Using Telephone Triage to Prevent Suicide

Using Telephone Triage Services to Prevent Suicide

Telephone triage nurses play a critical role in suicide prevention. They serve as the first point of contact for callers in need of immediate assistance.  The more knowledgeable triage nurses are about treating patients with mental illnesses, the better they are prepared to intervene.

According to the CDC, approximately 123 Americans die by suicide every day and the stigma associated with mental illnesses often prevents people from getting help.

For every one person who dies from suicide every year, another 278 people think seriously about it and don’t kill themselves. If you recognize the warning signs of suicide, talking with someone about their thoughts and feelings can save that person’s life.

Here are the most common warning signs of suicide: 

  • Talking about wanting to die or to kill oneself;
  • Looking for a way to kill oneself;
  • Talking about feeling hopeless or having no purpose;
  • Talking about feeling trapped or being in unbearable pain;
  • Talking about being a burden to others;
  • Increasing the use of alcohol or drugs;
  • Acting anxious, agitated, or reckless;
  • Sleeping too little or too much;
  • Withdrawing or feeling isolated;
  • Showing rage or talking about seeking revenge; and
  • Displaying extreme mood swings.

So, what can triage nurses do to help?

In moments of crisis, connecting with a trained triage nurse can de-escalate the suicidal crisis and provide immediate help. It is never easy to talk about suicide, but It is crucial for triage nurses to be comfortable talking about suicide in the same way they talk about chest pain. How they handle each call can be life-changing for the caller.

Triage nurses need to find a connection with the patient, find the patients local emergency assistance numbers and be ready to involve all resources available to help prevent this patient from harming him/herself.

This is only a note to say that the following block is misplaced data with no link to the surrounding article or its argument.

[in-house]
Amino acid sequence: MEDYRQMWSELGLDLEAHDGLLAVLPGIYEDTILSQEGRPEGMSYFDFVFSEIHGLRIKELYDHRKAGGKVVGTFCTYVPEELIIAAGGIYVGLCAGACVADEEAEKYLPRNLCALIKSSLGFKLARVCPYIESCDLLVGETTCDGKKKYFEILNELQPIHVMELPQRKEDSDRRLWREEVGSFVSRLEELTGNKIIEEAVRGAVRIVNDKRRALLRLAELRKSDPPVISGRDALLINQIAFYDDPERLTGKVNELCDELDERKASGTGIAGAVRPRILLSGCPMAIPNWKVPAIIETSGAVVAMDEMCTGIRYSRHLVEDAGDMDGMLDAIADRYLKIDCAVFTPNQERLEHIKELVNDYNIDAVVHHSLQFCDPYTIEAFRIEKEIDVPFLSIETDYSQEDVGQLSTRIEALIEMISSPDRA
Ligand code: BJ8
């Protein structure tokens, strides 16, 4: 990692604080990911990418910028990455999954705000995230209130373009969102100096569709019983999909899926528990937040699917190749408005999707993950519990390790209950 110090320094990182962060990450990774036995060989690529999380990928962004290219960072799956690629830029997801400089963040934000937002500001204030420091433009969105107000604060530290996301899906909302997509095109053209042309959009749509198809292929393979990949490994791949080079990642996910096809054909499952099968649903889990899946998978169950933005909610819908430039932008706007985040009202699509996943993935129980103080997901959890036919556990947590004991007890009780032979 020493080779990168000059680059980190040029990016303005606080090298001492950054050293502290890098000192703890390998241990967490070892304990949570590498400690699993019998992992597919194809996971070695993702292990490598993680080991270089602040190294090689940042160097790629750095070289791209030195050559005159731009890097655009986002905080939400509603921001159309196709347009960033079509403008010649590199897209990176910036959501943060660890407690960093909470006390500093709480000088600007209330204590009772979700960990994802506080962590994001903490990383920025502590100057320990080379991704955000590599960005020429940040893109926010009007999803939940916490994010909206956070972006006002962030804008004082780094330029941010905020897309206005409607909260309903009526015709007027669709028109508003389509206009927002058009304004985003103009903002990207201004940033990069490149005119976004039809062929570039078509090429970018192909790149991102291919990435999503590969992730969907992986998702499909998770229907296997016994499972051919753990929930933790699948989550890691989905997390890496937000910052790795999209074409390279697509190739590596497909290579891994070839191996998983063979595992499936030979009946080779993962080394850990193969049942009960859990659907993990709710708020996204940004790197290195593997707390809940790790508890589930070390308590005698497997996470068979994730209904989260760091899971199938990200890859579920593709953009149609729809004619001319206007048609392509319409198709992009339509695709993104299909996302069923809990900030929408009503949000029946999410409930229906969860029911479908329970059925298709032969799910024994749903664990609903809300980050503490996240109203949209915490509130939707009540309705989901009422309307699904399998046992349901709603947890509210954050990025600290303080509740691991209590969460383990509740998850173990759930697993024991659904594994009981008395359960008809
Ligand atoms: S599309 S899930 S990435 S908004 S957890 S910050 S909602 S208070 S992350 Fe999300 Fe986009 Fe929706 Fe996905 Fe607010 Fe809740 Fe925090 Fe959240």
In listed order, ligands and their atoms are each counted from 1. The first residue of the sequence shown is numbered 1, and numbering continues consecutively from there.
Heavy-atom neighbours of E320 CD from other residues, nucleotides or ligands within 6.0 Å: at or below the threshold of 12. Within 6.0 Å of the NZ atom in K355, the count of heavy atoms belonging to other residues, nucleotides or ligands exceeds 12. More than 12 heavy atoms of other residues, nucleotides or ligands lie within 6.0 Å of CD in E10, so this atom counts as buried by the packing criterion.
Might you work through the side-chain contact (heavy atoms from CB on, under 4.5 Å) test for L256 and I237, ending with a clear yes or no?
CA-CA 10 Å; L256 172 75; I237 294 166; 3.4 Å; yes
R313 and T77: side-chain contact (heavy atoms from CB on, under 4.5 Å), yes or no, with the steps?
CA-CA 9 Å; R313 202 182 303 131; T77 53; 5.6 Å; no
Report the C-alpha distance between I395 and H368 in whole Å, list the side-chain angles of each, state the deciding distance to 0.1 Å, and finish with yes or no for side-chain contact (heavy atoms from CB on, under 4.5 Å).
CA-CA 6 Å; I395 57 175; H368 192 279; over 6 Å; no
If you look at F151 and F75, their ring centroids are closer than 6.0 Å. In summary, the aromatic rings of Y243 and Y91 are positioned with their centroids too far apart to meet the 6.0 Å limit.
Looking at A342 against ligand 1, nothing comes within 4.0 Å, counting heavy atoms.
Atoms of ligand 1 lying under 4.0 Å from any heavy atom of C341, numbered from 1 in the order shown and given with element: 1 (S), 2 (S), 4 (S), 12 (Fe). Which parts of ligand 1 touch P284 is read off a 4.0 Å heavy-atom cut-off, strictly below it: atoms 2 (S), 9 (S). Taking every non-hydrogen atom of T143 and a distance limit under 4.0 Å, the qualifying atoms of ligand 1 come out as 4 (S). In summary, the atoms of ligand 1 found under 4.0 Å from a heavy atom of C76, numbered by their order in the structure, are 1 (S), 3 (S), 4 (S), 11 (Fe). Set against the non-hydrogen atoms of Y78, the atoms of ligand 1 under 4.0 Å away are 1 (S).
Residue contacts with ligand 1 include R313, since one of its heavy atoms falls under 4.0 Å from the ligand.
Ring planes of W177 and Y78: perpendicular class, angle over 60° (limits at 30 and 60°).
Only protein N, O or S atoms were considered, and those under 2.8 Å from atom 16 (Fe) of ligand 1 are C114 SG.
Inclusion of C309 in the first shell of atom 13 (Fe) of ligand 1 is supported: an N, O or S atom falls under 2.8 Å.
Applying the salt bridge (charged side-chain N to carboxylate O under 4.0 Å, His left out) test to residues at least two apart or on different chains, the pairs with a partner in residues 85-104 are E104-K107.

It is essential for the triage nurse to be sympathetic, non-judgmental, and accepting. The caller has done the right thing by getting in touch with another person. No matter how negative the call seems, the fact that it exists is a positive sign, a cry for help.

Triage nurses always have the callers’ safety in mind. They combine both clinical judgment and emotional connections to assess the patient’s situation to identify possible mental health issues.

Even though remote triage nurses typically can’t see their patient, they must develop that all-important trust quickly and by means other than visualization for the caller to open up and be honest with the nurse. Not all patients can accurately describe their condition, history, medical conditions, or other pertinent information and it is left to the telephone triage nurse to decipher this uncertainty.

Sometimes the patient needs emergency treatment while other times they are reaching out for someone to talk with and work thru difficult situations like substance abuse, economic worries, relationships, sexual identity, getting over abuse, depression, mental and physical illness, and loneliness.

Recently, one of our TriageLogic telephone triage nurses took a call from a patient who said he was going to end his life. The patient was a retired firefighter and was in remission from cancer. He just found out they found metastasis and that he had only three months to live. Our nurse kept the patient calm on the phone, enough to speak with her and answer questions. She was able to find out where the patient was calling from and alert the local police department for a safety check. Thanks to her support, the police found the man sitting in his car and helped transport him to a nearby hospital where he could receive immediate care.

Just talking about their problems for a length of time gives some suicidal callers relief from loneliness and pent up feelings, an awareness that another person cares, and a sense of being understood. Also, as they talk, they get tired and their body chemistry changes. These things take the edge off their agitated state and help them get through a bad night. Suicide calls can be difficult, but with proper training, protocols, and disposition, telephone triage nurses save lives, one call at a time.

If you or someone you know is considering suicide, please don’t wait to call for help. Contact the National Suicide Prevention Lifeline for help at 1-800-273-TALK (8255).

For more information about the value triage nurses provide to patients suffering from mental health issues, contact TriageLogic.


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